New Keith Vaughan Exhibition Explores The Male Figure And Pictorial Space
Figure and Ground presents a fresh and original view of the artist Keith Vaughn (1912-1977). The exhibition consists of some 50 prints, drawings and photographs selected from nearly 500 Vaughan items held in the School of Art collection at Aberystwyth University.
The exhibition explores the themes that preoccupied him - the male figure and pictorial space. Initially influenced by Graham Sutherland, Vaughan’s early work was Neo-Romantic in spirit. In the late 1950s he developed his semi-abstractionist ‘assemblies’.
This is a significant holding of a wide range of work in different media: drawings for some of his most important book illustration commissions, his experiments in print-making, and his photographs, some of which formed his own selection collected in Dick’s Book of Photographs (assembled around 1939).
This part of the Aberystwyth collection has never been the subject of an exhibition before. It has been augmented for Figure and Ground by loans from Amgueddfa Cymru and a private collection.The fully illustrated book which accompanies the exhibition, published by Sansom & Co, contains three essays based on new research on Vaughan and his times.
The publication has been supported by The Derek Williams Trust, The Hargreaves and Ball Trust and Aberystwyth University.
Keith Vaughan was one of the most outstanding artists of his generation. He abandoned a career in advertising in 1939 to pursue painting. From 1941 to 1944 he served in the Pioneer Corps. His drawings of army life, however, such as Breakfast in the Marquee (1942; see Vaughan, p. 49), attracted attention and he entered the circle of Peter Watson in London. From 1946 to 1952 he shared a studio with John Minton. As a younger generation Neo-Romantic he was heavily influenced by Graham Sutherland, Henry Moore and William Blake. During the 1950s Paul Cézanne and Henri Matisse were major influences, but most important was that of Nicolas De Stael, who enabled him to reconcile figurative and abstract elements. He was essentially a painter of figure compositions that attempted to balance male nudes with abstract environments, exemplified by his nine Assemblies begun in 1952.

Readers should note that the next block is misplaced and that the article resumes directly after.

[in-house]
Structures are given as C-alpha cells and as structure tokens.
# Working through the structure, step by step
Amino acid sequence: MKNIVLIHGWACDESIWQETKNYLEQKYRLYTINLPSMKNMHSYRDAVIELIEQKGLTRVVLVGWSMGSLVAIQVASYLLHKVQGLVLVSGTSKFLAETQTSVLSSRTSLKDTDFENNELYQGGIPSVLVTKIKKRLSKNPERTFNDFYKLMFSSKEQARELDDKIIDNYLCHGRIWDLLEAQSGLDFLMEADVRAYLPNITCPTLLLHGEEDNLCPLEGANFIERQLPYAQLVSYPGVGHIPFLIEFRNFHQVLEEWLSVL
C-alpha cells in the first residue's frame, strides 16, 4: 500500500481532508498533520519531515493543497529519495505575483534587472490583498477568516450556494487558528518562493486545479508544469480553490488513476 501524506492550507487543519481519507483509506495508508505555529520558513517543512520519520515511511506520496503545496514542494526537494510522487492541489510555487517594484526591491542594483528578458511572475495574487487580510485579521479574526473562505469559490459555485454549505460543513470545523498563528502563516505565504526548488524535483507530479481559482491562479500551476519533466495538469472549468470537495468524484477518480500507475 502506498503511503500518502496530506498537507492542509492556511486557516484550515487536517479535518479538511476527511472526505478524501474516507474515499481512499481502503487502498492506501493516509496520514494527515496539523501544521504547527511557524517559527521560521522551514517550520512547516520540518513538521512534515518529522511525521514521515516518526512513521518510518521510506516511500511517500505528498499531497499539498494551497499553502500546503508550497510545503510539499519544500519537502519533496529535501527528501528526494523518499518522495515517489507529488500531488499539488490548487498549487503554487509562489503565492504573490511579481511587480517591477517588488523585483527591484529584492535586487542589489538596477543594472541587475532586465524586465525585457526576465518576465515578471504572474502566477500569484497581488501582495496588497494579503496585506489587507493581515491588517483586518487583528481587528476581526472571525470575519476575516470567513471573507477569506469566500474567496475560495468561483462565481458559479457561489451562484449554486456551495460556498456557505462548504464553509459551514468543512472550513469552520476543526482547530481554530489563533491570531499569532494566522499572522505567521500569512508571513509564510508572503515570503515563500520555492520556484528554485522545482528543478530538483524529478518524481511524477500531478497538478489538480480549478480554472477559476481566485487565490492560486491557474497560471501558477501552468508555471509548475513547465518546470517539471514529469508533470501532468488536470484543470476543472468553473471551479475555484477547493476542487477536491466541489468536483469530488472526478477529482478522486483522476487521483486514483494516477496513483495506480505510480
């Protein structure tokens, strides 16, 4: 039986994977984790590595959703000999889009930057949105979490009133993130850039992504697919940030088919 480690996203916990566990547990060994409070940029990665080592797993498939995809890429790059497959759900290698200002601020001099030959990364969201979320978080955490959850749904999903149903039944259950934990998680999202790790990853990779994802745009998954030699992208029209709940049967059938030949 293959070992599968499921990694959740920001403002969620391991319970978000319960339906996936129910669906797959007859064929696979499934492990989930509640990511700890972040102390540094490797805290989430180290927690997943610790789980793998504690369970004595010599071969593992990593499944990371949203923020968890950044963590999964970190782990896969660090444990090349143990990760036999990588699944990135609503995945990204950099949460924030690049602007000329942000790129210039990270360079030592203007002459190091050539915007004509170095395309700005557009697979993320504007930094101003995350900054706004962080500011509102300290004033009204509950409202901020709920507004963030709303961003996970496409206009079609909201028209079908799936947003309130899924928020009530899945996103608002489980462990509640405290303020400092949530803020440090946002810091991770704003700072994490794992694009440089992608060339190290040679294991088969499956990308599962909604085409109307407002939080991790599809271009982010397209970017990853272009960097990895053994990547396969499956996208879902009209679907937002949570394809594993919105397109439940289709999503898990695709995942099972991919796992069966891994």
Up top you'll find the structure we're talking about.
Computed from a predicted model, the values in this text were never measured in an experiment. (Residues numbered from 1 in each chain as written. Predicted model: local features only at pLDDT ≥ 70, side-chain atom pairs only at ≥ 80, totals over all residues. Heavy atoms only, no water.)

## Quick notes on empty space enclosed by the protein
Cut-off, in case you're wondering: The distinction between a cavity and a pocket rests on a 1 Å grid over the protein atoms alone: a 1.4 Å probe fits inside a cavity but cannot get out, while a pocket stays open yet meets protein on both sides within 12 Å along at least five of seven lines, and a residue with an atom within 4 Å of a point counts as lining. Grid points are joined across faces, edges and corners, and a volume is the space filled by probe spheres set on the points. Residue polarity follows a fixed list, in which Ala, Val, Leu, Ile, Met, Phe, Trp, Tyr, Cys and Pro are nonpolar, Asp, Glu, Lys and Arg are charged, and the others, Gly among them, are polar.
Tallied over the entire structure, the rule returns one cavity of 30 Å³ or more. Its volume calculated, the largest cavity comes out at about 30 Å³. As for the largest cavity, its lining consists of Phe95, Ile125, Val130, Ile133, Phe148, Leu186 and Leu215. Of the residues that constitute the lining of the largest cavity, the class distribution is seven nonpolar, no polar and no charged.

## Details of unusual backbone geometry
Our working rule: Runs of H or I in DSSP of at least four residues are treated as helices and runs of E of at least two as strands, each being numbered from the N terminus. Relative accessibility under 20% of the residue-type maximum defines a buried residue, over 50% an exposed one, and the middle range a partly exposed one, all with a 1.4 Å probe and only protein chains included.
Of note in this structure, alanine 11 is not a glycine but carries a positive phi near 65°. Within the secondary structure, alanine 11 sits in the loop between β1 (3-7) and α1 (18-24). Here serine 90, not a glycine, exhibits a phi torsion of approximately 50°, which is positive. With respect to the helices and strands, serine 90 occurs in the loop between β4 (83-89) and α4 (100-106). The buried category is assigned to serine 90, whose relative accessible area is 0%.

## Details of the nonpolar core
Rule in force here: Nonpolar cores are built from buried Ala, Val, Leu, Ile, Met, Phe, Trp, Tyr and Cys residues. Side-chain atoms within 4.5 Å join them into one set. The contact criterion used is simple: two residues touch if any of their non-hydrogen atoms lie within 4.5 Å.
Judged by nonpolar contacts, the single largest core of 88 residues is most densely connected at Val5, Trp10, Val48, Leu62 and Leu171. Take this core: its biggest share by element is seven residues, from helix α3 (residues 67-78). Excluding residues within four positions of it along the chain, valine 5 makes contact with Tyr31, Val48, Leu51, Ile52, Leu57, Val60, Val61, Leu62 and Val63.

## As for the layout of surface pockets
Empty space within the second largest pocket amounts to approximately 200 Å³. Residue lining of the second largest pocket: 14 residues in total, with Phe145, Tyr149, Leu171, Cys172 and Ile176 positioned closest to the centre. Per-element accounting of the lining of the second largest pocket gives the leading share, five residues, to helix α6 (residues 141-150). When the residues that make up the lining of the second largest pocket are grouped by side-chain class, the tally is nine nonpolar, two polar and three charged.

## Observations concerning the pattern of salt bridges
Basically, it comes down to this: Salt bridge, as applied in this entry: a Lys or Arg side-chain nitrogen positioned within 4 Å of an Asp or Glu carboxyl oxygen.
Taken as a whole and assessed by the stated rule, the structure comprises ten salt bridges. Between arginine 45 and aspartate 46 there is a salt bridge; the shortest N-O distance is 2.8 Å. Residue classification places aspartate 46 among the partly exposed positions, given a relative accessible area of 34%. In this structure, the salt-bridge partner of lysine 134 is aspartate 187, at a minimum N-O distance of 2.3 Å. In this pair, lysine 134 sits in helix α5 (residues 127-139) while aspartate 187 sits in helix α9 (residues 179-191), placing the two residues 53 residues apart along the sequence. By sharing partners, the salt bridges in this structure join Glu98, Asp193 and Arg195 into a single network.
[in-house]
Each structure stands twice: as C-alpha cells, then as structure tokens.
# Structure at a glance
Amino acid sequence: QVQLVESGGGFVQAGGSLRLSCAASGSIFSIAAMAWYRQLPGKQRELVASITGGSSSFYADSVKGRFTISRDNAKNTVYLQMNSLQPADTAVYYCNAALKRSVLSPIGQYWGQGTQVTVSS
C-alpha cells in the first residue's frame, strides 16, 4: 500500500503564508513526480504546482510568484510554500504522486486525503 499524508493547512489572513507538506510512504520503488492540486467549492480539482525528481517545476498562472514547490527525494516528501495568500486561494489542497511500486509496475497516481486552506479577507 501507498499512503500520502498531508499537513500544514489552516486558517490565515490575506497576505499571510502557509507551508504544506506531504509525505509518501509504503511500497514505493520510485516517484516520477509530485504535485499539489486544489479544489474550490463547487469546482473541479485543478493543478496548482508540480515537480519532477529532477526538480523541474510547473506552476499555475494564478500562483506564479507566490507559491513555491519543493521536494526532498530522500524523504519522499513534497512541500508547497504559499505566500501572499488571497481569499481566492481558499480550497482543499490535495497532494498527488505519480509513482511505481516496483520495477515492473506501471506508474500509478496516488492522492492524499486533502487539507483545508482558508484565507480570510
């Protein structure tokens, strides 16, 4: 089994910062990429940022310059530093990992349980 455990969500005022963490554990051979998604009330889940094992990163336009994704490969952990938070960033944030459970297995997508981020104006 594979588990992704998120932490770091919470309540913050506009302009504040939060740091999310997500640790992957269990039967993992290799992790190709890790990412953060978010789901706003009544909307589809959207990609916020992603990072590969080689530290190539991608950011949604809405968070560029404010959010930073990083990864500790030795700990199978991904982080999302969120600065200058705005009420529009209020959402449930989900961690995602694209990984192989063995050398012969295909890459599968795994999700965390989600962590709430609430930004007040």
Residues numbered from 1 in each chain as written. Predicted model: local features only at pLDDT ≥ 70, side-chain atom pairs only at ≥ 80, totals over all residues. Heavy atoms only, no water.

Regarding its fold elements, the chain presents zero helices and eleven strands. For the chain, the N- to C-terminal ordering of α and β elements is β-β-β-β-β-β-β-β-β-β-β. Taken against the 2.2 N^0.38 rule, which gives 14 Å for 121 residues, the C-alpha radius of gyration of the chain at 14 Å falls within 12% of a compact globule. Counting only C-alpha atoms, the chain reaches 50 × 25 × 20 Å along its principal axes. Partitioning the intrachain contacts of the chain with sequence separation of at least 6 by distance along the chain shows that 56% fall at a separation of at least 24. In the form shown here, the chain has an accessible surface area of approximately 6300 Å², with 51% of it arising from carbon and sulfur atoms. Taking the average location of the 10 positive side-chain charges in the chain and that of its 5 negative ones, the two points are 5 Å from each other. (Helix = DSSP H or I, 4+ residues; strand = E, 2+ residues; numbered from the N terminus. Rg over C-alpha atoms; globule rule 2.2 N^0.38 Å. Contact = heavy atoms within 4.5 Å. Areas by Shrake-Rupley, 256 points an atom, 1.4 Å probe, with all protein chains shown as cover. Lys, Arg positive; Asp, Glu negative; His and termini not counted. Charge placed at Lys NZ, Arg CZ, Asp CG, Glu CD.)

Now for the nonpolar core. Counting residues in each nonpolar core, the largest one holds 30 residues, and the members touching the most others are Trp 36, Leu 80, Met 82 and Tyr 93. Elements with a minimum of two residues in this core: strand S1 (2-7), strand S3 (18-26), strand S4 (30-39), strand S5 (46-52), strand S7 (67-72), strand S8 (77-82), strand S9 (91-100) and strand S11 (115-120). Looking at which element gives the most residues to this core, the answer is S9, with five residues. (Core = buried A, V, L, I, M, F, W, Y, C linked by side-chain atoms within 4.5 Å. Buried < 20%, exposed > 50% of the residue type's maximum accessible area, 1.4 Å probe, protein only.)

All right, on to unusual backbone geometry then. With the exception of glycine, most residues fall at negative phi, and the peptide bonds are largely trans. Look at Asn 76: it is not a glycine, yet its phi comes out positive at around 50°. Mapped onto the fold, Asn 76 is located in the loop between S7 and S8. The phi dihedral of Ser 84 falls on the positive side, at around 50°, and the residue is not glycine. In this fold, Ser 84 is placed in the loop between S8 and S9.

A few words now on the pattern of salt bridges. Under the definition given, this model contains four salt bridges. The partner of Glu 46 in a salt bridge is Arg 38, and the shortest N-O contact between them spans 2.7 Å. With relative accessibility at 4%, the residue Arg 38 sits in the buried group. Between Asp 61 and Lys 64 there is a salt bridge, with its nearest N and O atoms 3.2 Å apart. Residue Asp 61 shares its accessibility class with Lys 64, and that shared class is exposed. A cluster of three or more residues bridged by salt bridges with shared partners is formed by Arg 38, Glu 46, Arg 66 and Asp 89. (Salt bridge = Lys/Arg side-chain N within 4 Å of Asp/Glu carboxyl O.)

After 1945 Vaughan travelled in the Mediterranean, North Africa, Mexico and the USA, where he was resident artist at Iowa State University in 1959. He taught in London at Camberwell School of Art (1946–8) and the Central School of Arts and Crafts (1948–57) and was a visiting teacher at the Slade School of Fine Art (1959–77). His remarkable journal (1939–77), inspired by André Gide, reveals the tension in his life and work between intellectual puritanism and unrepressed sensuality. His work can be regarded as an expression of his feelings about the male body. Despite considerable success, including the award of a CBE in 1965, he became increasingly melancholic and reclusive.
image detail: The Woodman also known as The Blue Boy, 1949
Lithograph Aberystwyth University © Estate of Keith Vaughan
7 July–24 November National Museum Cardiff, Wales